20 in their 20s

The murder of former Houston resident George Floyd in late May struck a chord with Summar McGee and Sonia Torres Rodríguez, as it did for so many people around the world. 

Coming soon after the deaths of Ahmaud Arbery and Breonna Taylor, Floyd’s death drove home America’s deadly legacy of racism and gave new life to the Black Lives Matter movement. In solidarity, McGee, Torres Rodríguez and a group of current Rice students decided to start the group Rice for Black Life. 

 “I was asking myself, what can you tangibly contribute?” McGee explains. “And then I thought about what I had at my disposal, which was the Rice network. The network is huge, and you have access to almost unlimited resources.” She began talking with Torres Rodríguez, whom she had met through the George R. Brown Forensics Society, about starting a new organization dedicated to racial justice.  

 “We wanted to create a group that wasn’t just limited to current Rice students,” Torres Rodríguez says. “Campus groups are great, but you belong to them for four years and then you graduate.” Torres Rodríguez currently works as a researcher at the Urban Institute, while McGee is a first-year master’s student in American studies at Brown University. Rice for Black Life quickly attracted about 60 members, both current and former Owls. Other members in leadership roles include Black student activists Anu Ayeni ’21, Kendall Vining ’22, Magdah Omer ’22, Malaika Bergner ’23, Martina Faciane ’21, Michelle Fokam ’20, Morgan Seay ’22, Nia Howze ’22, Shifa Rahman ’22, Taylor Crain ’21 and Zahrah Butler ’23.

Coming soon after the deaths of Ahmaud Arbery and Breonna Taylor, Floyd’s death drove home America’s deadly legacy of racism and gave new life to the Black Lives Matter movement. In solidarity, McGee, Torres Rodríguez and a group of current Rice students decided to start the group Rice for Black Life.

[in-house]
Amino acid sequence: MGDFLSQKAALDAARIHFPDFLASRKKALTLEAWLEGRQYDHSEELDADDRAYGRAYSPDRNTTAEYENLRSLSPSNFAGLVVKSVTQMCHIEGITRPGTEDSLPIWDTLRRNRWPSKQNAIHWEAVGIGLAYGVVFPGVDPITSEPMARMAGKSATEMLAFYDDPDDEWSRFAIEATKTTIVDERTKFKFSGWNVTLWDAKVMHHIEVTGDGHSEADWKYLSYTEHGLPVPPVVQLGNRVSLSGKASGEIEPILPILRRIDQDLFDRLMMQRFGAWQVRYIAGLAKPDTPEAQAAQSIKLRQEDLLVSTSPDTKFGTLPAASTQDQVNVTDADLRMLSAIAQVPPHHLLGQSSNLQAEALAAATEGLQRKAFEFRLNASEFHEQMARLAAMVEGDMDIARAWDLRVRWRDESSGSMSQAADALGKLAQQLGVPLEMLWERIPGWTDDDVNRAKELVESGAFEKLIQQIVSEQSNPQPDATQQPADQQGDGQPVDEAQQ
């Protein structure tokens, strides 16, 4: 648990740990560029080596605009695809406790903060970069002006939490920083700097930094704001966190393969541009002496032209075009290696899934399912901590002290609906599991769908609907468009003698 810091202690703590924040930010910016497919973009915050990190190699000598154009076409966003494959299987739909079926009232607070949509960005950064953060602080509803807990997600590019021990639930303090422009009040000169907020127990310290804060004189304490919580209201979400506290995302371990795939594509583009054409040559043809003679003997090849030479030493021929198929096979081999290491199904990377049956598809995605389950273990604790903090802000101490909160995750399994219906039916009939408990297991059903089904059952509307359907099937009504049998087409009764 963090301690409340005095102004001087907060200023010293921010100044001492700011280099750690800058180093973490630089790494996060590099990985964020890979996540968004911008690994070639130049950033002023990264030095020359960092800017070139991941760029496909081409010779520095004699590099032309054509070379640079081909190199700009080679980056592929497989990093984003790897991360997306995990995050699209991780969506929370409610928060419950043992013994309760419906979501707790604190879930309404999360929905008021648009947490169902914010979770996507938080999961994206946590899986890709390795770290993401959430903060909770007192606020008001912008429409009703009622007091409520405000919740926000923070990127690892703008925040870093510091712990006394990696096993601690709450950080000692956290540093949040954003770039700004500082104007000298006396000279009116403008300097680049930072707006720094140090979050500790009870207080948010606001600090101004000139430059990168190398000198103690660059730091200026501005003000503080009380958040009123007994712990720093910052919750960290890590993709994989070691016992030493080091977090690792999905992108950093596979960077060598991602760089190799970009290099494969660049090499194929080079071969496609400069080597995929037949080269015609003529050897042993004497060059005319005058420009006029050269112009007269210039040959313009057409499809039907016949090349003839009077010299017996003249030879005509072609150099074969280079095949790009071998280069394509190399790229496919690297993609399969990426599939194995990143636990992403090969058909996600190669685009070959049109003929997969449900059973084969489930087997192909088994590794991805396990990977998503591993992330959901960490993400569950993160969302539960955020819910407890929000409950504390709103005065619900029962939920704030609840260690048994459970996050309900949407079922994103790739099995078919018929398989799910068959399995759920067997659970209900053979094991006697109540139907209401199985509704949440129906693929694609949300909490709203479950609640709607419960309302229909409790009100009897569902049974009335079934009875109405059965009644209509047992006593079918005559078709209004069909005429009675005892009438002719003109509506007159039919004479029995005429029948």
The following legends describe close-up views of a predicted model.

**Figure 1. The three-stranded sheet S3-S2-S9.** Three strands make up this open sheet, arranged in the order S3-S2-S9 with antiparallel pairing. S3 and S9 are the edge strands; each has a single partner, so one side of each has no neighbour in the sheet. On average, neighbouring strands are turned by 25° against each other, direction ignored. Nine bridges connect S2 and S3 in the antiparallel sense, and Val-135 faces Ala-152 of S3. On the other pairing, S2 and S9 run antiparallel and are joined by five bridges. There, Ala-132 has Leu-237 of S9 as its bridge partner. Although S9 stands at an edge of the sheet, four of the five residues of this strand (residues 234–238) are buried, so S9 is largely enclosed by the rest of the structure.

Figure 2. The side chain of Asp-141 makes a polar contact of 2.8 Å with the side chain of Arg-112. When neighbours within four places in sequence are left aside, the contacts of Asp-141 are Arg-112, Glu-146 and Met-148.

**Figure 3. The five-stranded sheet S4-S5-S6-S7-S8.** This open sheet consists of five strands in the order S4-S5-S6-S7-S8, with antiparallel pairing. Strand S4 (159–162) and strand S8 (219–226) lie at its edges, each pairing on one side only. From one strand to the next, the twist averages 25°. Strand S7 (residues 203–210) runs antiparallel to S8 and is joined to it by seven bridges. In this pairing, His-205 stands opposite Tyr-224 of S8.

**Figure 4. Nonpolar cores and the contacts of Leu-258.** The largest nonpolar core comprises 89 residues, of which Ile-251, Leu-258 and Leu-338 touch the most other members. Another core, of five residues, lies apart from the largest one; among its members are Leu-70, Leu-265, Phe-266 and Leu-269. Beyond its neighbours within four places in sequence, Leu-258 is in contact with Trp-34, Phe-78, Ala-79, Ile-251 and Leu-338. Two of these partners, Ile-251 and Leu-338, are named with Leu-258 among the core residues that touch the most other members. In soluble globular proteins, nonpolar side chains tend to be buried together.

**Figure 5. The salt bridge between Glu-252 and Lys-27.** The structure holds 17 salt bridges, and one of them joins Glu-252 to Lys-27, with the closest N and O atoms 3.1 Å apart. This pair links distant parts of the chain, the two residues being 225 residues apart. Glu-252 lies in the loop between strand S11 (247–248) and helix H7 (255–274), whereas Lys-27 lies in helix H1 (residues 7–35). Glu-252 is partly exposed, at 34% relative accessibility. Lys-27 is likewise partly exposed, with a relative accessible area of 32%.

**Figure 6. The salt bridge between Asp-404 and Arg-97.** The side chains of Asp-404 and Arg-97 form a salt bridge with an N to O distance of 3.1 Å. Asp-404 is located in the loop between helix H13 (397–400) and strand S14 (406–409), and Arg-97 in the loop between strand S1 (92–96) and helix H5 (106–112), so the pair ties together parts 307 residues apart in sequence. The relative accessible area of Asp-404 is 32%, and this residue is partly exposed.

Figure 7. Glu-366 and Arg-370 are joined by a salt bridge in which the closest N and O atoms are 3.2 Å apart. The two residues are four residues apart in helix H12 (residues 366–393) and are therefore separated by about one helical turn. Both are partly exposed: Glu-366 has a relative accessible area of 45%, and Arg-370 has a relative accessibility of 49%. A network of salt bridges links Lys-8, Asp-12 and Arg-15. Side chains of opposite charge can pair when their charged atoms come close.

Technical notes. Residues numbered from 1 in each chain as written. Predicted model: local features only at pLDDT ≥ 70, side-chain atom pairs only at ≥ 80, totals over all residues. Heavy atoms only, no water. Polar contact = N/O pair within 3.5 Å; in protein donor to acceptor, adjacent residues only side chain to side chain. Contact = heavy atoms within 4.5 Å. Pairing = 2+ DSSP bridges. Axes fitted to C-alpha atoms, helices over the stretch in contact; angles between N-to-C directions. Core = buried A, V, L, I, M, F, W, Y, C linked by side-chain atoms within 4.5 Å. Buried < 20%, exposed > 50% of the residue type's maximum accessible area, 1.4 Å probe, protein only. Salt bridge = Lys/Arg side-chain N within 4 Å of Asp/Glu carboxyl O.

Operating as a nonhierarchical collective, the group chose as its first action a one-day “contact-a-thon” to raise money for Houston racial justice groups. They set up a GoFundMe campaign with a target of $2,500 to be divided among the Texas Organizing Project, Indivisible Houston, Pure Justice and the Houston chapter of Black Lives Matter. Using their new Facebook page, the group recruited nearly 300 volunteers to send out personalized donation appeals. The campaign went live on the morning of May 31, and the team spent the day sending dozens of social media messages and emails to everyone they knew. By midnight, they had raised an astonishing $93,362 — more than 37 times their original goal — from over 2,200 people. 

Rice for Black Life’s success inspired groups at Cornell, Wesleyan, Lehigh and other universities to launch similar fundraisers. McGee and Torres Rodríguez created an online toolkit with fundraising templates and advice on how to conduct a contact-a-thon. 

To Torres Rodríguez, the fundraiser’s success demonstrated the reach of the Owl network. “This was just Rice kids dialing, texting, tweeting and Facebooking,” she says. “Sometimes you forget the power of getting together with people who share your cause.”

Read more “20 in Their 20s” profiles here.

 

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